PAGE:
Ah, Mars. We just can’t quit you, little red buddy.
I hate the environment. It’s where Nature comes from, and Nature is the worst. Seriously, Nature will sting you (with wasps and scorpions), burn you (with lava and the sun), eat you (with sharks and bears), break you (with rocks and rolling logs), and cut you (with claws and other, sharper rocks). List goes on.
Look, we went to a lot of trouble to stop being gorillas, and we did it to get away from the environment. Birds and meerkats and stuff, they chose not to evolve. Human beings said, “the environment is being kind of a dick with the rain and the tapeworms; let’s invent ‘Inside.’”
The price of Inside was a hundred thousand years of miserable self-awareness. Air conditioning? Hot Pockets? Insect repellent? We bought those things, my friends. And by God, we paid for them.
I badgered Jay into writing this series. I felt that if anything needed his particular treatment, his uniquely Dobryvian acid humor, it was RimWorld. He’s outdone himself. But then, he always does.
“I did something different with Part Four,” Jay said. “Sort of a tonal shift. The pure humor angle wasn’t working.” What he has done instead is circle back to the point he made in Part One: that the player creates unique internal stories within each game, and that’s what makes RimWorld so memorable. This, the final chapter of Death in Fire, is one of those internal stories.
Anyway, consider yourself warned: the series title is not necessarily ironic in meaning, and if that comes as a surprise then you haven’t been paying attention.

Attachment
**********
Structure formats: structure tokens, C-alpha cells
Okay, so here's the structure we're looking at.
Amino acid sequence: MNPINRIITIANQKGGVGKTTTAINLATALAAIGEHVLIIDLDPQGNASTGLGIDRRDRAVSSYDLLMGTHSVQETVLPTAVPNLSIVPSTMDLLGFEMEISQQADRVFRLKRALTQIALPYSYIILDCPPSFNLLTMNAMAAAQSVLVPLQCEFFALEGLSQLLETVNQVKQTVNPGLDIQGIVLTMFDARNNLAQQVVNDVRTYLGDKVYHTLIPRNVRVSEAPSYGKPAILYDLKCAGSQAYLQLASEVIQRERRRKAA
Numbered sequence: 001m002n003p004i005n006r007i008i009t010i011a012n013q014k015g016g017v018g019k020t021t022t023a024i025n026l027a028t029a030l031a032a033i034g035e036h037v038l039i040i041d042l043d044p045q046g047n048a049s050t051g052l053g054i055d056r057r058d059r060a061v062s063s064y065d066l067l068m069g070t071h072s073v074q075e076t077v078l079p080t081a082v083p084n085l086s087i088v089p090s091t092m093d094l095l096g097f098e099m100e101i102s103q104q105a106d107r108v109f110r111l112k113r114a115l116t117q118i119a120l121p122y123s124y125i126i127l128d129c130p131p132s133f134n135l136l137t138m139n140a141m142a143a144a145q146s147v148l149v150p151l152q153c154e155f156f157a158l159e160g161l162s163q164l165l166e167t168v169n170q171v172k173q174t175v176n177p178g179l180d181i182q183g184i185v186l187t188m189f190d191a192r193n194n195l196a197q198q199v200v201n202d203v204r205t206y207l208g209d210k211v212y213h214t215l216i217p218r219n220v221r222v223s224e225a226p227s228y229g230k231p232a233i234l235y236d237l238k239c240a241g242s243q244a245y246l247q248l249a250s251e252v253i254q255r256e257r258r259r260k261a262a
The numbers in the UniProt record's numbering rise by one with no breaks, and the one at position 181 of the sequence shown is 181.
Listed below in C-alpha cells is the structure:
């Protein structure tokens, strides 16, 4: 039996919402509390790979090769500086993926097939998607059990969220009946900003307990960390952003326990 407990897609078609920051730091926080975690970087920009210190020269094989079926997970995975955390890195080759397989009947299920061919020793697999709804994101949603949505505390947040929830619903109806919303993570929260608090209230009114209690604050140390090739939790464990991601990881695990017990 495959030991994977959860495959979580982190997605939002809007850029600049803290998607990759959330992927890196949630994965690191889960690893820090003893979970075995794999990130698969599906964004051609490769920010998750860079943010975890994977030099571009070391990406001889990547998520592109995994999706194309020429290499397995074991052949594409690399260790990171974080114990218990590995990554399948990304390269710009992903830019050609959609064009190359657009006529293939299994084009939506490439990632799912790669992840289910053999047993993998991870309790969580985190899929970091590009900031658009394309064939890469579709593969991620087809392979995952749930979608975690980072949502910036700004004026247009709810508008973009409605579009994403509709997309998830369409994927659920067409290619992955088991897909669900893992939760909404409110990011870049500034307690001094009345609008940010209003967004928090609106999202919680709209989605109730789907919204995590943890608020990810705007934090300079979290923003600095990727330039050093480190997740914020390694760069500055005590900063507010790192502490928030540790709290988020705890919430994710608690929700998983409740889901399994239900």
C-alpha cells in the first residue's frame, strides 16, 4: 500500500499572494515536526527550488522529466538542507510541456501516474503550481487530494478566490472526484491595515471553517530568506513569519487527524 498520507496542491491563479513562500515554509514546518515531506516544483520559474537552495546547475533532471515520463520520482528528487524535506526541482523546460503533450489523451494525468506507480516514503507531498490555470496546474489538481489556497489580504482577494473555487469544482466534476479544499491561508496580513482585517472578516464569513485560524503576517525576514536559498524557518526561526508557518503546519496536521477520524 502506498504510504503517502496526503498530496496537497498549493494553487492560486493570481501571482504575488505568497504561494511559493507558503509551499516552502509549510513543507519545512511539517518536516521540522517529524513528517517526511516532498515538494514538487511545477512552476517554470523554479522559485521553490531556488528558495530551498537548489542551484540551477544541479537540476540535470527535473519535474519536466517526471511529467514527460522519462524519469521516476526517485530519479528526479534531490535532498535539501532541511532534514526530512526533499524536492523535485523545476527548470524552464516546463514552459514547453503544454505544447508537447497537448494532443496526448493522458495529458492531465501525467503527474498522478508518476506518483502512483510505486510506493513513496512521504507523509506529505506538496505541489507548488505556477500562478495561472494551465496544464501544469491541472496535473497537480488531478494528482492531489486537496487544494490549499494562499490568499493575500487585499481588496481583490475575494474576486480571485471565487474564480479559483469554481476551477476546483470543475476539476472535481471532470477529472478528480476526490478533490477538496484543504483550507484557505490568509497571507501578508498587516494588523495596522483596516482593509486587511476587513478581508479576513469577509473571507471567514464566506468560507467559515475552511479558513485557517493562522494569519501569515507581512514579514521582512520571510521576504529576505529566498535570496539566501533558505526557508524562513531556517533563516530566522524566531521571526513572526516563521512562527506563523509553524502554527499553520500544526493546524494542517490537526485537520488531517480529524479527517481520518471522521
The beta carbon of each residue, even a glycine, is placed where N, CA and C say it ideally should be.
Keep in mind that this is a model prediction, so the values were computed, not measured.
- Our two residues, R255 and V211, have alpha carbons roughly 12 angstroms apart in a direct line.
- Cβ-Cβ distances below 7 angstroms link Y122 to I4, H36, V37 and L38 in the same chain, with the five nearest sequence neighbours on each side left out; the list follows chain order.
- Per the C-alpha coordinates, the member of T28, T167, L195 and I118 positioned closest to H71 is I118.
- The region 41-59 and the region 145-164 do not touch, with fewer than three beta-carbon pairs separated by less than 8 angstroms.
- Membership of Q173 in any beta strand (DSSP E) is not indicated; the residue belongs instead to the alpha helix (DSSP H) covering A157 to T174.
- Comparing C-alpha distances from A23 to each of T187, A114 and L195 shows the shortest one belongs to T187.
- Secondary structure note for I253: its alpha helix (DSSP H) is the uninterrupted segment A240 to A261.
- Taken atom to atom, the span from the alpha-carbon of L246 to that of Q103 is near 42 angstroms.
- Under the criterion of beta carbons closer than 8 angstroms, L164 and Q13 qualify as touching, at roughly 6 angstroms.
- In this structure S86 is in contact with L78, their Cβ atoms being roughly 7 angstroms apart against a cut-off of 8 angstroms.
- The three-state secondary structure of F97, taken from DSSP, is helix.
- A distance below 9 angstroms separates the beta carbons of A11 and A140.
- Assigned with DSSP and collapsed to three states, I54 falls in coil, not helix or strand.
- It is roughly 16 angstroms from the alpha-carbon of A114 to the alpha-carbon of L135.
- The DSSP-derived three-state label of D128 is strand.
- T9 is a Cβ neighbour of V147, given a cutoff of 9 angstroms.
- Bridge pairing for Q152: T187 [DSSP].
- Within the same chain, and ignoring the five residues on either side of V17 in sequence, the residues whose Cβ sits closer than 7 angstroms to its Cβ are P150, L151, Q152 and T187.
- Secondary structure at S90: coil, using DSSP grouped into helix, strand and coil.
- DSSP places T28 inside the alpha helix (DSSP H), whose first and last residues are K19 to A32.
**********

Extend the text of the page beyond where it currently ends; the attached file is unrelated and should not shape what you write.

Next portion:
An escaped sex slave, a one-armed builder, an “herbalist”/sniper, and a cat-lover head into their third week of survival on a forgotten world. Hilarity ensues. Or perhaps blood. Bloody hilarity?
If you’re new to the series or need a refresher, go check out Part 1 or Part 2. Steerpike still owes me a Swedish massage, or at least a bag filled with money and drugs. (I promised him a cookie bouquet and nothing more —S)
So, I suck at RimWorld. Steam tells me I’ve played just over 100 hours now, and I’m personally responsible for the immolation of at least 25 human beings.
I love a good city builder, particularly classical or medieval-themed ones. From Caesar III to Tropico to Grand Ages: Rome to Hinterland to Pharaoh to others that escape me and must therefore not have been overly memorable, if you’ve made a game about putting together and running a city, chances are I’ll be in line to buy it. So when Rock, Paper, Shotgun shared what was – for me – the first gameplay video of Shining Rock Software’s Banished, the question was less whether than when.
Does it live up to my hopes? Read on to find out!